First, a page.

Dear Brothers and Sisters:
The liturgical calendar remembers today St. Thomas Aquinas, great doctor of the Church. With his charism of philosopher and theologian, he offers a valid model of harmony between reason and faith, dimensions of the human spirit, which are fully realized when they meet and dialogue.
According to the thought of St. Thomas, human reason, to say it as such, "breathes," that is, it moves on a wide, open horizon in which it can experience the best of itself. Nonetheless, when man limits himself to think only of material and experimental objects, he closes himself to the questions of life, about himself and about God, impoverishing himself.
The relationship between faith and reason is a serious challenge for the present prevailing culture in the Western world, and it is precisely for this reason that our beloved John Paul II wrote an encyclical, which was entitled precisely "Fides et Ratio" -- "Faith and Reason." I also took up this argument recently, in the address to the University of Regensburg.
In reality, the modern development of the sciences brings countless positive effects, which must always be acknowledged. At the same time, however, it must be admitted that the tendency to consider true only that which can be experienced constitutes a limitation for human reason and produces a terrible schizophrenia, evident to all, because of which rationalism and materialism, and hypertechnology and unbridled instincts, coexist.
It is urgent, therefore, to rediscover in a new way human rationality open to the light of the divine 'Logos' and to its perfect revelation that is Jesus Christ, Son of God made man. When Christian faith is authentic it does not mortify freedom or human reason; then, why should faith and reason be afraid of one another, if on meeting one another and dialoguing they can express themselves in the best way?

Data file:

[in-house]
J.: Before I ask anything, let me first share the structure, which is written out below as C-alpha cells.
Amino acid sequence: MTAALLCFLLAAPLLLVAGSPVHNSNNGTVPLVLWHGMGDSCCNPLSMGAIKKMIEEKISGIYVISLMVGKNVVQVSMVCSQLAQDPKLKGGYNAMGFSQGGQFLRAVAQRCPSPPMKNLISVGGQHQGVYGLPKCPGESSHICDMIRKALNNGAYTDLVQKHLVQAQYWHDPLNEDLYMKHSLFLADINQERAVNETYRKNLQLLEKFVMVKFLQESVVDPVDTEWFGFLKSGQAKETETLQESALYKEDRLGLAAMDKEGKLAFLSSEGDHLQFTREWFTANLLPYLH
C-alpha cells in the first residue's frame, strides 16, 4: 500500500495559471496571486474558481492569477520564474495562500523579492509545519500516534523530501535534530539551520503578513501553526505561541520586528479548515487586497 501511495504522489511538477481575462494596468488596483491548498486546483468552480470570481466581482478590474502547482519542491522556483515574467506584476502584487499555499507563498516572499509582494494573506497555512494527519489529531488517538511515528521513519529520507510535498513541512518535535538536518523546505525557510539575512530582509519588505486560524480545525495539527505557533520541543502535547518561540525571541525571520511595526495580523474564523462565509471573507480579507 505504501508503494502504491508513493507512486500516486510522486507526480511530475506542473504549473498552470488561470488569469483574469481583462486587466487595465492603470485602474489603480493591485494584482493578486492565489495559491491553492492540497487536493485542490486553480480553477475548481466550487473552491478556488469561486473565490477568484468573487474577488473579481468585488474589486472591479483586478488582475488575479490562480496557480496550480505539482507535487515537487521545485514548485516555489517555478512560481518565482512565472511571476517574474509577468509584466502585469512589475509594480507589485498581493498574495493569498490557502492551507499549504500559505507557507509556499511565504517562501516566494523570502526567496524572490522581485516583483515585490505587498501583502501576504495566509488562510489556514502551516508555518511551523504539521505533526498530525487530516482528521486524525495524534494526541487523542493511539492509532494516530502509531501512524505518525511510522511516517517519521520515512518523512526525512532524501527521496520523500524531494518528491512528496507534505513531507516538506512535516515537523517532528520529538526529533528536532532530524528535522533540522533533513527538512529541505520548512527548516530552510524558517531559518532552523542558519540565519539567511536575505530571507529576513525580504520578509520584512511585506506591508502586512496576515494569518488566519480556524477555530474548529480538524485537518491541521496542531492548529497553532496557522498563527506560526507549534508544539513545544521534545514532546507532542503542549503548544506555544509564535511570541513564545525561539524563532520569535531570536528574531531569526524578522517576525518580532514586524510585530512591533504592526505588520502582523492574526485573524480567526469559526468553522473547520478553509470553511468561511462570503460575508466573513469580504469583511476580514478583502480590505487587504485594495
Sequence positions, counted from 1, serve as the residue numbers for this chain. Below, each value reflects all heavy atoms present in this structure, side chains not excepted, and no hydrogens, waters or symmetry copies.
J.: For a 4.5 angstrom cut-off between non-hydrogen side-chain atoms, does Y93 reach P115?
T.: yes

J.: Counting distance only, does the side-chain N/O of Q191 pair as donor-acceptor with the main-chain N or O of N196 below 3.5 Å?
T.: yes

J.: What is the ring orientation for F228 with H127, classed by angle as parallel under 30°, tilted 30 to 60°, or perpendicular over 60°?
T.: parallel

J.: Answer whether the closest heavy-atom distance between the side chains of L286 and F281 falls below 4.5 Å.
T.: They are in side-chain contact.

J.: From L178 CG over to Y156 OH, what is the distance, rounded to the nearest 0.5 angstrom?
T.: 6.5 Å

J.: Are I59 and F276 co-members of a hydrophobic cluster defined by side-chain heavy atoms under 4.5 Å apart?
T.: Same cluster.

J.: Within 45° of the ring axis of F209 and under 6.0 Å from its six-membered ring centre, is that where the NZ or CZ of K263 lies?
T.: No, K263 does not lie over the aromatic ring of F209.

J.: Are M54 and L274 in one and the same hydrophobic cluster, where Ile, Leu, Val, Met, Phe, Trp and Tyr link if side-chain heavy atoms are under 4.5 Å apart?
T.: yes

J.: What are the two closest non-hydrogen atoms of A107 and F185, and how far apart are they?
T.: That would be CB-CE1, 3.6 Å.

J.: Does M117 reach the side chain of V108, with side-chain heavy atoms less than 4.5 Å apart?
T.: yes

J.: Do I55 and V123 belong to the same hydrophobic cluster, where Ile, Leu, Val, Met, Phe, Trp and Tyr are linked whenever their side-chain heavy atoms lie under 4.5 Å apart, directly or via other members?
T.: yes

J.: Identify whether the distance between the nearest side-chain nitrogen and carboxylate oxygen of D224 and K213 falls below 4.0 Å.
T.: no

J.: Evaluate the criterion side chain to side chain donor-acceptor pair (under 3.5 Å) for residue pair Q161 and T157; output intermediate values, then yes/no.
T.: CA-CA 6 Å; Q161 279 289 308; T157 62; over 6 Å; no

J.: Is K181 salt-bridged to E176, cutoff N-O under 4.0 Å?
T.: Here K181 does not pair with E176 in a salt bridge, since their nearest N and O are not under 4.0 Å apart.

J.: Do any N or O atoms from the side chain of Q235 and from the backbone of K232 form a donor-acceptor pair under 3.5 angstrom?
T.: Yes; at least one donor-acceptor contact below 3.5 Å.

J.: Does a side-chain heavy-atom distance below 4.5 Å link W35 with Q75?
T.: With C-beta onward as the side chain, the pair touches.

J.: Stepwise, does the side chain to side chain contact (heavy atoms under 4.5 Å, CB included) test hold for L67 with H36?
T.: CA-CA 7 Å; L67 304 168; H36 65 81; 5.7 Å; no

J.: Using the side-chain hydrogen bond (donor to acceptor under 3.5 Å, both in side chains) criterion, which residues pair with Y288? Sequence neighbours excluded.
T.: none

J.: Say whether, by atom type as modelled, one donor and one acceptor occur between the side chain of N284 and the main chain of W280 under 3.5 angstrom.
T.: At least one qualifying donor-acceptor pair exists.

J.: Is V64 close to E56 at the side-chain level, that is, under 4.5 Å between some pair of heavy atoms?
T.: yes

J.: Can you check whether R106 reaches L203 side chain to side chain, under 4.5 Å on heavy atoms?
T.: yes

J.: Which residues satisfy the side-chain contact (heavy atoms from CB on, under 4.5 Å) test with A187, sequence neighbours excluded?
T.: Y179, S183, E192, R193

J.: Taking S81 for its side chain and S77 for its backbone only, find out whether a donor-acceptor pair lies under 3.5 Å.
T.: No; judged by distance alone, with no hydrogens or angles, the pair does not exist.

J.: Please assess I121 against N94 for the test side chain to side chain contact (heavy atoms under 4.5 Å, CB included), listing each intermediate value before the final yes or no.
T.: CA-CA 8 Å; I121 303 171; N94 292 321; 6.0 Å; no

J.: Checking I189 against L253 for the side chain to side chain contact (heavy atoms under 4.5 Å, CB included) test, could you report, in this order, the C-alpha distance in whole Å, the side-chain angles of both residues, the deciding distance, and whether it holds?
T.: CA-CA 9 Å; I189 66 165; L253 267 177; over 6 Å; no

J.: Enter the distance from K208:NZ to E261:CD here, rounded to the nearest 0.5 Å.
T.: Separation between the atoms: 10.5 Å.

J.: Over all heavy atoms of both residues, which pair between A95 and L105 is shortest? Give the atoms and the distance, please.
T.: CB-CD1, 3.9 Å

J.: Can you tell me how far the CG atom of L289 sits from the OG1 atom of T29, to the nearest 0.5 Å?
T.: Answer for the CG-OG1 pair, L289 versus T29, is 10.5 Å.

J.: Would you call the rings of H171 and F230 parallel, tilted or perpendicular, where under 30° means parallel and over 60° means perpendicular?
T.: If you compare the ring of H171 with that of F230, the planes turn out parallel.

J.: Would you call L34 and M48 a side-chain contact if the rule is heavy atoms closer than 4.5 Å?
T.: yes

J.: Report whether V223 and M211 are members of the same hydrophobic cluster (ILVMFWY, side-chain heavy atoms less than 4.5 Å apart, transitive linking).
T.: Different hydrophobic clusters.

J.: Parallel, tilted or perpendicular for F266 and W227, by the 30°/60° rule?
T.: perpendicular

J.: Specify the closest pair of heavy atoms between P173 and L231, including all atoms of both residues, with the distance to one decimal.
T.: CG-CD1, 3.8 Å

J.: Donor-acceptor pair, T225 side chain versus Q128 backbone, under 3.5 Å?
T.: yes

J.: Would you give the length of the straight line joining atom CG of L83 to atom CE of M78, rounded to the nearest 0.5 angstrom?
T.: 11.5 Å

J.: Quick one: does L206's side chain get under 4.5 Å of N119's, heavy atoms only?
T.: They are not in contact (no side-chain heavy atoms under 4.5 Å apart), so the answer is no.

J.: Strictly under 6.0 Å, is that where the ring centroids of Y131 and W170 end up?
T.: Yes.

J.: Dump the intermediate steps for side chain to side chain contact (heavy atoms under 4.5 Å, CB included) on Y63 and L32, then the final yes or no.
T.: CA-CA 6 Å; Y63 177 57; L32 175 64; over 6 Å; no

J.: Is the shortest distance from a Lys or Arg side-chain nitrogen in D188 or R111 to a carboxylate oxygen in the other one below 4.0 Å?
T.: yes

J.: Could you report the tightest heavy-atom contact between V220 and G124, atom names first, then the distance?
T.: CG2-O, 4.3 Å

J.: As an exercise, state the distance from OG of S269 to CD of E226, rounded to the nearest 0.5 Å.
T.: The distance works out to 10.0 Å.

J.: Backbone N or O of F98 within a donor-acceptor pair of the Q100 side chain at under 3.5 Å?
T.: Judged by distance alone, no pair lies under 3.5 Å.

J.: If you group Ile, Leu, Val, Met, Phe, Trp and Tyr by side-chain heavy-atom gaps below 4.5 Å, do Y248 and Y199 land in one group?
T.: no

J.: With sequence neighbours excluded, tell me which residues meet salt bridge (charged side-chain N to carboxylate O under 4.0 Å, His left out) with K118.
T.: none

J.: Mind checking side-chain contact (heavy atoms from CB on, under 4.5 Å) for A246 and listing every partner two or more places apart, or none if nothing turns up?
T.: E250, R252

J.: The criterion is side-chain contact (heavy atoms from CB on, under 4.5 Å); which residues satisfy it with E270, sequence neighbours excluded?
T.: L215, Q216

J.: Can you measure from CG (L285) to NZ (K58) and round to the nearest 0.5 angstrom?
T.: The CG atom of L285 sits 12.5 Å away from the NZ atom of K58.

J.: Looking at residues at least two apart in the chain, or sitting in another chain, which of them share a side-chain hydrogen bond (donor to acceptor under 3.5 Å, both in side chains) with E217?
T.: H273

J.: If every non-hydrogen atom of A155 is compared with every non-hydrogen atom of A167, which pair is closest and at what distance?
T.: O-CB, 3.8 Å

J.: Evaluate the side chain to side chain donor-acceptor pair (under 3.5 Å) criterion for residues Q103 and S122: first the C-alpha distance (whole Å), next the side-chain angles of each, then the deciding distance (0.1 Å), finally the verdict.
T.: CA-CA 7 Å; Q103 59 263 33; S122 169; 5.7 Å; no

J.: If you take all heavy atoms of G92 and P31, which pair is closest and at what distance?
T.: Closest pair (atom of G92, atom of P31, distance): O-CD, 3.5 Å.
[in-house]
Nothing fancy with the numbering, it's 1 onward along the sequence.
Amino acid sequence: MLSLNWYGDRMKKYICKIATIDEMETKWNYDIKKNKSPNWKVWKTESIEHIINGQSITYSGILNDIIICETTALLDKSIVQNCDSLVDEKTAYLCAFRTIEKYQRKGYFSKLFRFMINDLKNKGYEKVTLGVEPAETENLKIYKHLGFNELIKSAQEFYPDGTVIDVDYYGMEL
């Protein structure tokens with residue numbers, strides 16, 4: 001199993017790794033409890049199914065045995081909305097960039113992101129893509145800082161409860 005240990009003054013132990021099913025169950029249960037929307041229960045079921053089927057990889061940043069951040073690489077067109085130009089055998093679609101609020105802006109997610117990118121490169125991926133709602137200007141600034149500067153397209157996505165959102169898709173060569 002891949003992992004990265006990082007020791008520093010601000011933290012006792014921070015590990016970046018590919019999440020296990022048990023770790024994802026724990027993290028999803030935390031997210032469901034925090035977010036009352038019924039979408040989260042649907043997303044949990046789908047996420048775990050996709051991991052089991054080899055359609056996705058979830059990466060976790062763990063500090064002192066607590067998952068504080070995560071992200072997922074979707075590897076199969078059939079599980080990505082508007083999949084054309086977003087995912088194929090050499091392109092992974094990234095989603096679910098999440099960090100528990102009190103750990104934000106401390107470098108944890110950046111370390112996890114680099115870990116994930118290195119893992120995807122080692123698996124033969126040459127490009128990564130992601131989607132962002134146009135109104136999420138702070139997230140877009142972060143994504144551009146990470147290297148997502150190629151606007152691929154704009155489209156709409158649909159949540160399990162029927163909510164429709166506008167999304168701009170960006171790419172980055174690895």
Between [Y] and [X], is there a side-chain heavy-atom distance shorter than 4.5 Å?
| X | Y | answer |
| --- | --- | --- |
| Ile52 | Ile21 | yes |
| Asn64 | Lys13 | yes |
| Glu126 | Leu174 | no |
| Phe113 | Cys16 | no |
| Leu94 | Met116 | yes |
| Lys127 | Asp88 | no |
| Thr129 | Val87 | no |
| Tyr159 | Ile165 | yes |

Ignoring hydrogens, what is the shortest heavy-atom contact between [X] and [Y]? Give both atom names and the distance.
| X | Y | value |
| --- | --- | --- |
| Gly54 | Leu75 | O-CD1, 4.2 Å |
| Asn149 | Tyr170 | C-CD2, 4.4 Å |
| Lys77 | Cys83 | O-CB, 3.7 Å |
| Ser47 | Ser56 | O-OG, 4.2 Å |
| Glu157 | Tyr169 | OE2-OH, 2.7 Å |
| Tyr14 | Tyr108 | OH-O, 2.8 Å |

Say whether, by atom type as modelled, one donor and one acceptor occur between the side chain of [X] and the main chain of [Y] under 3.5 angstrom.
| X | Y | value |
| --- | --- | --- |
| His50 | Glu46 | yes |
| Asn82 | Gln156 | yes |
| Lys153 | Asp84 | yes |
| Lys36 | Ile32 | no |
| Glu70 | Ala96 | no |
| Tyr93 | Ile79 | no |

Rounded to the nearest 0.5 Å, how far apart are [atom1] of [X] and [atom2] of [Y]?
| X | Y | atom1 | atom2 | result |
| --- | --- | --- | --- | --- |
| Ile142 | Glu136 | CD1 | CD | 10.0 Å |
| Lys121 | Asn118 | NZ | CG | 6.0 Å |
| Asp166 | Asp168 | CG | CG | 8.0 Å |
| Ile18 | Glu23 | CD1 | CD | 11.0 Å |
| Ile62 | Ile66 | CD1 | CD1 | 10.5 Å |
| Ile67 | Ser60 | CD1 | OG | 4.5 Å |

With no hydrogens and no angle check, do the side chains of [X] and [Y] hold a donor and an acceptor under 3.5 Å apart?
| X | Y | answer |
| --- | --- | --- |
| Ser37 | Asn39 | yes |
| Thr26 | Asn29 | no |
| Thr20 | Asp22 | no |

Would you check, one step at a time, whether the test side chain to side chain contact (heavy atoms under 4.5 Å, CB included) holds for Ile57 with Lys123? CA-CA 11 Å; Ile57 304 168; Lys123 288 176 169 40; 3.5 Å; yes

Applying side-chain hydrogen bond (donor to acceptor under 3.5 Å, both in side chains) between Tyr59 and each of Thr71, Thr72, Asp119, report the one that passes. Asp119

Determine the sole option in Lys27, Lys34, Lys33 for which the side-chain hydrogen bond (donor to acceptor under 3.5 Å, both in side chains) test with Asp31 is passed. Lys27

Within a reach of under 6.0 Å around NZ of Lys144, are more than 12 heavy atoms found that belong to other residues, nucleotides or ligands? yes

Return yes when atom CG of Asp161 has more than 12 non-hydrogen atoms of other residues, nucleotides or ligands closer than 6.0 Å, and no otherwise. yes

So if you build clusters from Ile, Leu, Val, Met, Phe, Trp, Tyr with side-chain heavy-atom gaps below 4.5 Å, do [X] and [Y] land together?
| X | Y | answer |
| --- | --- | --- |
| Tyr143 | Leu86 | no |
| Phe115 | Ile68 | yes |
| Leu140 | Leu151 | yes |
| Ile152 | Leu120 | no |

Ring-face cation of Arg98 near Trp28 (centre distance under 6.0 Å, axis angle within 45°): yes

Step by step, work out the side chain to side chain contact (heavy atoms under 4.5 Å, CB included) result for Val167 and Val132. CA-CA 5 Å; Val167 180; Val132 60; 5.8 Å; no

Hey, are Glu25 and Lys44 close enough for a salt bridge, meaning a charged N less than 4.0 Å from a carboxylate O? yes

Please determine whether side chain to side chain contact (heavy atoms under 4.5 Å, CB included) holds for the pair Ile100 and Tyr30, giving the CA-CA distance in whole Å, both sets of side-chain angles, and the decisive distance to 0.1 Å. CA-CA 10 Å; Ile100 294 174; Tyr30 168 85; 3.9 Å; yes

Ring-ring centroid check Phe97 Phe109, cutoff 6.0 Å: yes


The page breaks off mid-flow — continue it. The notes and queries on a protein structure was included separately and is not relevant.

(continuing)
Faith implies reason and perfects it, and reason, illuminated by faith, finds the strength to rise to knowledge of God and of spiritual realities. Human reason loses nothing when it is open to the contents of faith; what is more, the latter calls for its free and conscious adherence.
With an amply extended wisdom, St. Thomas Aquinas established a prolific confrontation with the Arabic and Jewish thought of his time, in such a way that he is considered as an always-present teacher of dialogue with other cultures and religious. He knew to introduce this Christian synthesis between reason and faith that represents a precious patrimony for Western civilization, to which recourse can be taken also today to dialogue effectively with the great cultural and religious traditions of the East and South of the world.
Let us pray so that Christians, especially those in the academic and cultural realm, are more able to express the reasonable character of their faith and to witness to it with a dialogue inspired by love. We ask this gift of our Lord through the intercession of St. Thomas Aquinas, and above all Mary, Seat of Wisdom.